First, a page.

Venus in Fur is a fascinating film.  In its way, it’s also a playful one.  (You have to love the scene where a lingerie-clad Vanda suddenly takes on the role of therapist and perfectly psychoanalyzes Thomas’s fiancee.  Never has the invoking the name of Jacques Derrida led to so much laughter.)  Intelligently filmed by Polanski and wonderfully acted by both Amalric and Seigner, the power struggle between Thomas and Vanda makes for compelling viewing.

And hey, it’s currently on Netflix so you can watch it anytime you want.  Of course, it is subtitled but so what?  If you don’t know how to read, how did you make it through this review?

Seriously, find 93 minutes to spare and watch Venus In Fur.

2014 In Review: Lisa’s Picks For The 16 Worst Films Of 2014


Continuing our look back at the previous year, today I present you with my choices for the 16 worst films of 2014!

I have to admit that 2014 was a strange year for me.  While I saw a lot of films that I didn’t think were very good, none of them quite inspired the amount of loathing that I felt while watching previous TSL worst film “winners” like Love and Other Drugs and Man of Steel.  Looking at the 16 films below, I’m struck by how many of them were simply films that failed to live up to my expectations.  (The Judge and Endless Love are obvious examples.)  Some of the other entries are films that we all knew ahead of time would never be good but they made the list because they represent everything that annoys me about mainstream film making. (Case in point: Transformers: Let’s Deafen The Audience or whatever the Hell that thing was called.)

Of course, some of the films listed below are on the list because they just plain sucked.  In fact, one made-for-Lifetime movie was so mind-numbingly awful that it made the list despite having never actually been released in theaters!  That’s pretty bad!

(Be sure to click on the links in this sentence if you want to see what I considered to be the worst of 2010, 2011, 2012, and 2013!)

Without further ado, here’s the list!

16) Captivated: The Trials of Pamela Smart 
15) Ride Along
14) The Judge 
13) Into the Storm
12) Endless Love
11) Nuse 3D
10) Barefoot
9) The Best Of Me
8) I, Frankenstein
7) Left Behind
6) Paranormal Activity — The Marked Ones
5) The Legend of Hercules
4) Transformers: The Age of Extinction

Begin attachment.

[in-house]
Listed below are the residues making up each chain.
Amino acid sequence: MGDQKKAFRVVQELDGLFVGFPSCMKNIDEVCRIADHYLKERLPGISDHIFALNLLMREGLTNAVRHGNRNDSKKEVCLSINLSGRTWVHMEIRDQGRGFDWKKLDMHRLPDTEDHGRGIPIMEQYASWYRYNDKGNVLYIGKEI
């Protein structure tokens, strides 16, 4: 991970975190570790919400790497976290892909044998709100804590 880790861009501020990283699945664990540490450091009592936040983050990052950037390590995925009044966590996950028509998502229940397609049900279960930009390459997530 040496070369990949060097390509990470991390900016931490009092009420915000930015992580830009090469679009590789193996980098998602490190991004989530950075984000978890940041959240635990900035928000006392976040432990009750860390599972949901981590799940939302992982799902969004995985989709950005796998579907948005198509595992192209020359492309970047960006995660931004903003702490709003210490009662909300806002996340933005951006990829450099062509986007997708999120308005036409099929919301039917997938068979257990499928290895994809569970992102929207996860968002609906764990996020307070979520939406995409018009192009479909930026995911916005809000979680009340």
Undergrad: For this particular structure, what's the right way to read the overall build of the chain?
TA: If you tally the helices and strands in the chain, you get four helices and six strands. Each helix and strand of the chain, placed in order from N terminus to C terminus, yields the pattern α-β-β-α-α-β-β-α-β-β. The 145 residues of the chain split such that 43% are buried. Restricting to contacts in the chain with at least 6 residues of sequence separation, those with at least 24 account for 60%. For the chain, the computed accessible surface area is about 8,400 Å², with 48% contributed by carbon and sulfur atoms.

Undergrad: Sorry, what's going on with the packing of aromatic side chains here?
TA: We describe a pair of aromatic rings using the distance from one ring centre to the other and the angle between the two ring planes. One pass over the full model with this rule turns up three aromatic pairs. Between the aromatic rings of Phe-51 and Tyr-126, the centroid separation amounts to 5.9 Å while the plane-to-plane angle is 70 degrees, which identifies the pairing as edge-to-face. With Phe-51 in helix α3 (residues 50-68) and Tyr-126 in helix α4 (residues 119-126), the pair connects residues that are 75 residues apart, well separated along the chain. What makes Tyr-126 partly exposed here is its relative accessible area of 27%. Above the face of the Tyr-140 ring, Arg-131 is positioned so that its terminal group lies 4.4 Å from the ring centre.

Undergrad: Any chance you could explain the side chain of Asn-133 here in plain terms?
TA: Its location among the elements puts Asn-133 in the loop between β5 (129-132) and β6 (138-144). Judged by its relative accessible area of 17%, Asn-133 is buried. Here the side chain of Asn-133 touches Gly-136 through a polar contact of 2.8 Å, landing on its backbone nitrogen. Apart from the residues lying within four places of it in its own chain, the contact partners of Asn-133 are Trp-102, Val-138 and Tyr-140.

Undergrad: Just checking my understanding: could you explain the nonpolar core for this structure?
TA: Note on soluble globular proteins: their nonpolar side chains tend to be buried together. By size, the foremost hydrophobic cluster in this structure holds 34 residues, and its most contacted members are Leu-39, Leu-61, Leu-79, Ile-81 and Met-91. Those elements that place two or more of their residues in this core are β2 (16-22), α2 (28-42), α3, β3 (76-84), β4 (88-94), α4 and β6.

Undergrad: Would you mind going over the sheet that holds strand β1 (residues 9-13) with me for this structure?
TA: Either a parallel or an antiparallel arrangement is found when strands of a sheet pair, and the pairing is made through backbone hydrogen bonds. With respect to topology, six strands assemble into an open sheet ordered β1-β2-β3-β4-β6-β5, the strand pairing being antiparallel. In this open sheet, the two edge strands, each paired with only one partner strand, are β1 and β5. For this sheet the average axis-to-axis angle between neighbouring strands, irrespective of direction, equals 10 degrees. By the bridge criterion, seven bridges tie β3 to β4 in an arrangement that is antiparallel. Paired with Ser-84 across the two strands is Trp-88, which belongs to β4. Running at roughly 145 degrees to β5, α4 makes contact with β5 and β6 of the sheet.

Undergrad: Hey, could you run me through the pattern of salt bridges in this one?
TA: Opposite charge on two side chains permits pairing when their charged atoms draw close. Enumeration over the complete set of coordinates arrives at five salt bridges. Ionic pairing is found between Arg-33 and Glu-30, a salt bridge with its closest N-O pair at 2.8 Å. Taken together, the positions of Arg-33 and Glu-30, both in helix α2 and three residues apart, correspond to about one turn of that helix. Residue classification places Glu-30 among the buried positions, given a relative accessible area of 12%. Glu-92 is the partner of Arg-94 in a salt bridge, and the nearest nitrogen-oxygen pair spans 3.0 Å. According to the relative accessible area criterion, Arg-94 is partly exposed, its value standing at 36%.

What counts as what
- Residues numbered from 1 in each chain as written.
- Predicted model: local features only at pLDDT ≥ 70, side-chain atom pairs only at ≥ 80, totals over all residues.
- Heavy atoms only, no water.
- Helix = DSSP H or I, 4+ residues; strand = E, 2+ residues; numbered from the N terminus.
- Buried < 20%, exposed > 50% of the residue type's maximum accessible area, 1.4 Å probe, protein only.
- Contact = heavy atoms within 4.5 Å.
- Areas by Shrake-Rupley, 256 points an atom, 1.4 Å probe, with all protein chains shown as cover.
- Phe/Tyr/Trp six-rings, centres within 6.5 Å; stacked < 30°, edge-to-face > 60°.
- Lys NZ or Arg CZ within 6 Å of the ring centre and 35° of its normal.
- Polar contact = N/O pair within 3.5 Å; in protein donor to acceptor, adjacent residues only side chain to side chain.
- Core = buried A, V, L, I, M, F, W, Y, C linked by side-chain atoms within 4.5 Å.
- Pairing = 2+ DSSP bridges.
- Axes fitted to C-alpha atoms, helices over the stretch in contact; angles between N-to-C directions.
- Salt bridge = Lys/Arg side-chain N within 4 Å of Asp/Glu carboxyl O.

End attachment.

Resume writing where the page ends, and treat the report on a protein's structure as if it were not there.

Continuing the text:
3) A Million Ways To Die In The West 
2) The Unauthorized Saved By The Bell Story

And finally, without further ado, here is the worst film of 2014!

1)  April Rain

Birdemic 2 April Rain

Agree?  Disagree?  Let me know in the comments!

Tomorrow, I’ll be presenting my 10 favorite songs of 2014!

Others Entries In TSL’s Look Back At 2014:

  1. Things I Dug In 2014 Off The Top Of My Head
  2. 2014 In Review: The Best of SyFy and Lifetime

REC 4: Apocalypse (Official Trailer)


Found footage horror films have always been hit or miss with me. When done well they’re quite effective horror films that really pulls an audience in. When done as a way to exploit the current craze for it then one just gets nauseous both intellectually and physically (I think Lisa Marie would agree).

The [REC] found footage horror franchise by Jaume Balagueró has been leading the way of late, but a decision to switch from found footage to traditional filming halfway into the third film in the series was a disappointment to fans. With the fourth film now set for a U.S. release such fans may find themselves yearning for the franchises found footage roots as the fourth and final installment will dump the found footage technique altogether and just go for straight out traditional style.

REC 4: Apocalypse also sees the return of the franchises heroine from the first two films, Manuela Velasco, as the trailer shows her being on a ship out to sea for testing. Anyone who has watched the first two films in the franchise knows that she may or may not be a carrier of the demonic plague accidentally cooked up by Vatican researchers who wanted to find the biological source for demonic possession.

REC: Apocalypse is set for an early January 2015 release at selected theaters in the US.